1. An apparatus for recording on a developed motion picture film an audio signal previously recorded on a separate magnetic tape during initial exposure of the film in a camera, the tape having a first periodic signal recorded on a control track thereof during initial recording of the audio signal and initial exposure of the film in the camera, comprising first electric drive means for continuously driving the film, second electric drive means for intermittently driving the magnetic tape during selected portions of said continuous film drive, means for energizing said first electric drive means to drive the film at an approximately constant speed, synchronizing means for controllably energizing said second electric drive means to drive the tape in synchronized relation to the drive of the film during selected intervals, means for reproducing the audio signal from the tape, means for recording the reproduced audio signal on the film, said synchronizing means including means for. reproducing the first periodic signal from the tape, means associated with said first drive means for supplying a second periodic signal at a rate proportional to the film drive speed, phase comparator means responsive to said reproduced first periodic signal and said second periodic signal for developing a control signal, control means responsive to said control signal for controlling said second drive means to synchronize the drive of the tape with that of the film said film having at least one start mark thereon signifying the starting time of the recording of the audio signal, start mark sensing means for developing a start signal, means responsive to said start signal for initiating energization of said second electric drive means and operation of said synchronizing means, said tape having a high frequency signal recorded on the control track thereof at the end of an audio signal recording sequence, and means for de-energizing said second drive means in response to reproduction of said high frequency signal independently of the operation of said film drive means. v

2. The apparatus of claim 1, wherein the start mark is in the form of a transparent portion of the film, and wherein a magnetic stripe is carried on the film for recording the audio signal thereon, the start mark being rendered opaque by the magnetic stripe, and said start mark sensing, further comprising means operative to detect said opaque start mark.

3. The apparatus of claim 1 wherein said start mark sensing means comprises a light source and lens means for impinging light from said source on a portion of said film having said start mark thereon, and photocell means for detecting reflected light.

4. The apparatus of claim 1, wherein said means are responsive to said start signal including amplifier and delay means for delaying the energization of said second drive .means and the operation of said synchronizing means with respect to the sensing of said start mark.

5. An apparatus for recording on a developed motion picture film an audio signal previously recorded on a separate magnetic tape during initial exposure of the film in a camera, the tape having a first periodic signal recorded on a control track thereof during initial recording of the audio signal and initial exposure of the film in the camera, comprising first electric drive means for driving the film, second electric drive means for driving the magnetic tape, means for energizing said first electric drive means to drive the film at an approximately constant speed, synchronizing means for conthe film, means for reproducing the audio signal from the tape, means for recording the reproduced audio signal on the film, said synchronizing means including means for reproducing the first periodic signal from the tape, means associated with said first drive means for supplying a second periodic signal at a rate proportional to the film drive speed, phase comparator means responsive to said reproduced first periodic signal and said second periodic signal for developing a square wave contr l i and contr me s res n ive to said control for controlling 523d segiicl drive means to synchronize the'drive of the tape with that of the film, said control means including a period to voltage converter for developing an output voltage proportional to the duration of portions of said control signal for one polarity, governor means responsive to said output voltage to control said drive means, said period to voltage converter including a first capacitor, means for periodically discharging said first capacitor, means for gradually charging said first capacitor to a voltage proportional to the. duration of each portion of said square wave signal of said one polarity, a second capacitor, and charge transfer means for periodically connecting said first capacitor to said second capacitor to charge said second capacitor in proportion to the charge of said first capacitor.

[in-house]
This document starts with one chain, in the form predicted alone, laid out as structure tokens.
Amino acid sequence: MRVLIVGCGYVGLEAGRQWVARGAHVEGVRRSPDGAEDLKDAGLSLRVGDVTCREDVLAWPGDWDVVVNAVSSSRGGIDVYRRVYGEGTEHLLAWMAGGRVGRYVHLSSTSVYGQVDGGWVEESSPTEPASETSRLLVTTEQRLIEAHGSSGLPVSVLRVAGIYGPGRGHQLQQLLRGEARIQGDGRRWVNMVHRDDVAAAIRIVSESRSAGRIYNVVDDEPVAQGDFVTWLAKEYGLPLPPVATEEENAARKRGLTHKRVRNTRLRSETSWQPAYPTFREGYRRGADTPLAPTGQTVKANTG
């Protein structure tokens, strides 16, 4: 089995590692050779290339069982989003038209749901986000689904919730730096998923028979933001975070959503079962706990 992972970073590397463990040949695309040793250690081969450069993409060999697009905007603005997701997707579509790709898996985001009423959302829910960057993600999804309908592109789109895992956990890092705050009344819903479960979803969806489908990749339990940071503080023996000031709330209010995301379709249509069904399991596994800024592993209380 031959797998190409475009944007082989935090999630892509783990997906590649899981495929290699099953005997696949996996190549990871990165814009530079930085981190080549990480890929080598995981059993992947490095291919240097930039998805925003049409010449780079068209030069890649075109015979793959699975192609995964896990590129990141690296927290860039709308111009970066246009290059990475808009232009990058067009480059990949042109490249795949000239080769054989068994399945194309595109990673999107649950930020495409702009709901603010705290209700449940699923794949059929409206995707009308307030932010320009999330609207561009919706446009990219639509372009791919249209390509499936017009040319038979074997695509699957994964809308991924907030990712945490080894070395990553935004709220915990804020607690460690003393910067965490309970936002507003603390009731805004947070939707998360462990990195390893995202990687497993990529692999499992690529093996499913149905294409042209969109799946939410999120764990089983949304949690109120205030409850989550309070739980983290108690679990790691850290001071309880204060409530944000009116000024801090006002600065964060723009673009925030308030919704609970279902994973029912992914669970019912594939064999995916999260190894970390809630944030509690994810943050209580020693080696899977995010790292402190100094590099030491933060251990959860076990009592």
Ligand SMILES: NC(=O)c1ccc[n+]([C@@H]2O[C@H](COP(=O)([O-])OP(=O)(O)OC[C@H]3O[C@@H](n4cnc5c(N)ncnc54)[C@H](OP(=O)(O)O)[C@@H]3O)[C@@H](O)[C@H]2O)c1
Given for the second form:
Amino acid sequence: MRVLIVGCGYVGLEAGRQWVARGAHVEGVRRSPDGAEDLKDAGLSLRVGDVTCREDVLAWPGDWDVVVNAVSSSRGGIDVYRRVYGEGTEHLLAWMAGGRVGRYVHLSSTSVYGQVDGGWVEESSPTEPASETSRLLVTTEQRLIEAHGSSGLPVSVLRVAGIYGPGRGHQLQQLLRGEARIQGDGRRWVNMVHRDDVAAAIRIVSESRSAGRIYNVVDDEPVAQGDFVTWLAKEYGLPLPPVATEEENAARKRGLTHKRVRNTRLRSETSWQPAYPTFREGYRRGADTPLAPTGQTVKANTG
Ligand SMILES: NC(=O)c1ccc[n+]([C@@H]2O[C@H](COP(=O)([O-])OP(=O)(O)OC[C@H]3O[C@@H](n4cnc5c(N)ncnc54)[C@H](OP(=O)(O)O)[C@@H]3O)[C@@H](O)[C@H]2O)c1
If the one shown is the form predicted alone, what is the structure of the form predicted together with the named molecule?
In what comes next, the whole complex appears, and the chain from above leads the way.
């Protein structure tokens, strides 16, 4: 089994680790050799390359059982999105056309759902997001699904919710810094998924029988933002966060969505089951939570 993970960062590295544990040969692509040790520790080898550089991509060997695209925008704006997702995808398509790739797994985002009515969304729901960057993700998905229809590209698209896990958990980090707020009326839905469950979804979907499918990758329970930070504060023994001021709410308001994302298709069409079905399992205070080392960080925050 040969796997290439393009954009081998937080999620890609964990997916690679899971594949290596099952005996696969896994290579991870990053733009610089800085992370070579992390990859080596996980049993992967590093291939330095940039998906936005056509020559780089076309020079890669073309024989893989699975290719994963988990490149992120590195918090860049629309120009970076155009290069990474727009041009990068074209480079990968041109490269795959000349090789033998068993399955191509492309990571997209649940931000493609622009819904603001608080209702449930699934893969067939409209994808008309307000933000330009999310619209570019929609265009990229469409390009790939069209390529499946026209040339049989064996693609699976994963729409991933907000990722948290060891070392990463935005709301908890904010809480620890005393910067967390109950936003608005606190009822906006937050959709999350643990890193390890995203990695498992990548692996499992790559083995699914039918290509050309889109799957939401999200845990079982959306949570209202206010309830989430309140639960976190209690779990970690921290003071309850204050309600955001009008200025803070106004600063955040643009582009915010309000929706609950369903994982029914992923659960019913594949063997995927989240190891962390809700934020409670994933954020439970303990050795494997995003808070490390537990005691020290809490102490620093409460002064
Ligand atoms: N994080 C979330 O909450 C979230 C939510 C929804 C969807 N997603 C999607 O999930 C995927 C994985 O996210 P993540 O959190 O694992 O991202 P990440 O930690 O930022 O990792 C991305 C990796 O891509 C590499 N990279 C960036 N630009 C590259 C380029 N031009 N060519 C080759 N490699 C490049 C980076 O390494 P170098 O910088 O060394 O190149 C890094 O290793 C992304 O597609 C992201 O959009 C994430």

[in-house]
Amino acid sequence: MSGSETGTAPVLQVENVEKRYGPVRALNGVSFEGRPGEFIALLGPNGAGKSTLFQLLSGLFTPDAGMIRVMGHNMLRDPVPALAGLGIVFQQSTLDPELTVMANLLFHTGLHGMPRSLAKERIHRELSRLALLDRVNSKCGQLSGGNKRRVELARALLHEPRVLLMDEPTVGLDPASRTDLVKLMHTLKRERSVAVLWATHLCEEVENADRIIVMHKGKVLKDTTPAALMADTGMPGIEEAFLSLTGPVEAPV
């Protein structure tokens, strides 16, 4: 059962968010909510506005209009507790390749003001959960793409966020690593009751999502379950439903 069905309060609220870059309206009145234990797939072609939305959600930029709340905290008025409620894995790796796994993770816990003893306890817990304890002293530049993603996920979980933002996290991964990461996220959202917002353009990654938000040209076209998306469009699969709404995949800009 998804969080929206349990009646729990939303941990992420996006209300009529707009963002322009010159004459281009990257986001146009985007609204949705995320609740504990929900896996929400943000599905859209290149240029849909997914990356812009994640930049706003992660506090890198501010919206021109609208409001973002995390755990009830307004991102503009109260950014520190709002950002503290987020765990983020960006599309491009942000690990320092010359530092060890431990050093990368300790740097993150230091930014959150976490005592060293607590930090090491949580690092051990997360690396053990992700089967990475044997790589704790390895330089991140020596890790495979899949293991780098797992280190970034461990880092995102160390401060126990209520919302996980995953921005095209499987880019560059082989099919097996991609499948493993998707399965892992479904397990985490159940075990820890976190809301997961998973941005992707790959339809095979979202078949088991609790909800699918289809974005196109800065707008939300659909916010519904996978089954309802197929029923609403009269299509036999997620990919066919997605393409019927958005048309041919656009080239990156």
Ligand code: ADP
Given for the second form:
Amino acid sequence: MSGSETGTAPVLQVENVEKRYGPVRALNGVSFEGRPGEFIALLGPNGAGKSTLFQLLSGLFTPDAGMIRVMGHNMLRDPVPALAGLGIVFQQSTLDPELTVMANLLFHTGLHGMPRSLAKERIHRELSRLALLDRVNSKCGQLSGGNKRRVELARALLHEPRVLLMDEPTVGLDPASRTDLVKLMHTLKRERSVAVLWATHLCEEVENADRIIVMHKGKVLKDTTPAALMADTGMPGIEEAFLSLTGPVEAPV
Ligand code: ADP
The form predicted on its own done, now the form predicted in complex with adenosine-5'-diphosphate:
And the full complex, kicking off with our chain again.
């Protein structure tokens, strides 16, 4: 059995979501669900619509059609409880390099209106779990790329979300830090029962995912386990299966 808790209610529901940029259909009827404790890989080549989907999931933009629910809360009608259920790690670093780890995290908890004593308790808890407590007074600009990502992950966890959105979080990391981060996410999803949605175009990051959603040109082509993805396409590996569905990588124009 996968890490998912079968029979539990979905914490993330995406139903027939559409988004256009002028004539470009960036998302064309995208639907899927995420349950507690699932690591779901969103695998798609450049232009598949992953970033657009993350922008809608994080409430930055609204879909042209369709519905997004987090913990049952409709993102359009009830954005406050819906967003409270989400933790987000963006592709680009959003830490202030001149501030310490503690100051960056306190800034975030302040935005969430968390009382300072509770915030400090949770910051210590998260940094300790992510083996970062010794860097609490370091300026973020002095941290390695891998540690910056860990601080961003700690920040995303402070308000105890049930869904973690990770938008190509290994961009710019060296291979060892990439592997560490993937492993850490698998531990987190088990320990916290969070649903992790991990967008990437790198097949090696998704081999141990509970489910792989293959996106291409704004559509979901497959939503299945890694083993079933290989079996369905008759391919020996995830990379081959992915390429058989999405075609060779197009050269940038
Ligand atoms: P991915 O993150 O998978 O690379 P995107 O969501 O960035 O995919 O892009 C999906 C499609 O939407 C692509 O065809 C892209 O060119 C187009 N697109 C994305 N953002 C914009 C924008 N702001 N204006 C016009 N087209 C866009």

6. The apparatus of claim 5, wherein said second capacitor having a value equal to a small fraction of the value of said first capacitor.

7. The apparatus of claim 5, further comprising amplifier means responsive to the voltage across said second capacitor to develop said output voltage of said period to voltage converter.

8. The apparatus of claim 5, further comprising frequency multiplier means for multiplying the frequency of said first period signal, for application to said phase comparator means.

9. The apparatus of claim 8, wherein said frequency multiplier means includes a unijunction transistor oscillator.

10. The apparatus of claim 8, further comprising second frequency multiplier means for multiplying the frequency of said second periodic signal for application to said phase comparator means.

11. The apparatus of claim 10, wherein said second frequency multiplier means comprises a unijunction transistor oscillator.

12. The apparatus of claim 5, further comprising frequency multiplier means for multiplying the frequency of said first periodic signal for application to said phase comparator means.

13. The apparatus of claim 12, further comprising second frequency multiplier means for multiplying the frequency of said second periodic signal for application trollably energizing said second electric drive means to to said Phase comParator meansdrive the tape in synchronized relation to the drive of

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Referenced by
Citing PatentFiling datePublication dateApplicantTitle
US3848975 *Jun 1, 1973Nov 19, 1974Bourret PSound film synchronization system and method
US5424790 *Jul 8, 1993Jun 13, 1995Olympus Optical Co., Ltd.Projection apparatus
US6587640 *Mar 13, 1998Jul 1, 2003Sony CorporationVideo and audio recording with audio being recorded in plural channels independently of video on different recording media
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Classifications
U.S. Classification352/17, 352/22, 352/27
International ClassificationG03B31/00
Cooperative ClassificationG03B31/00
European ClassificationG03B31/00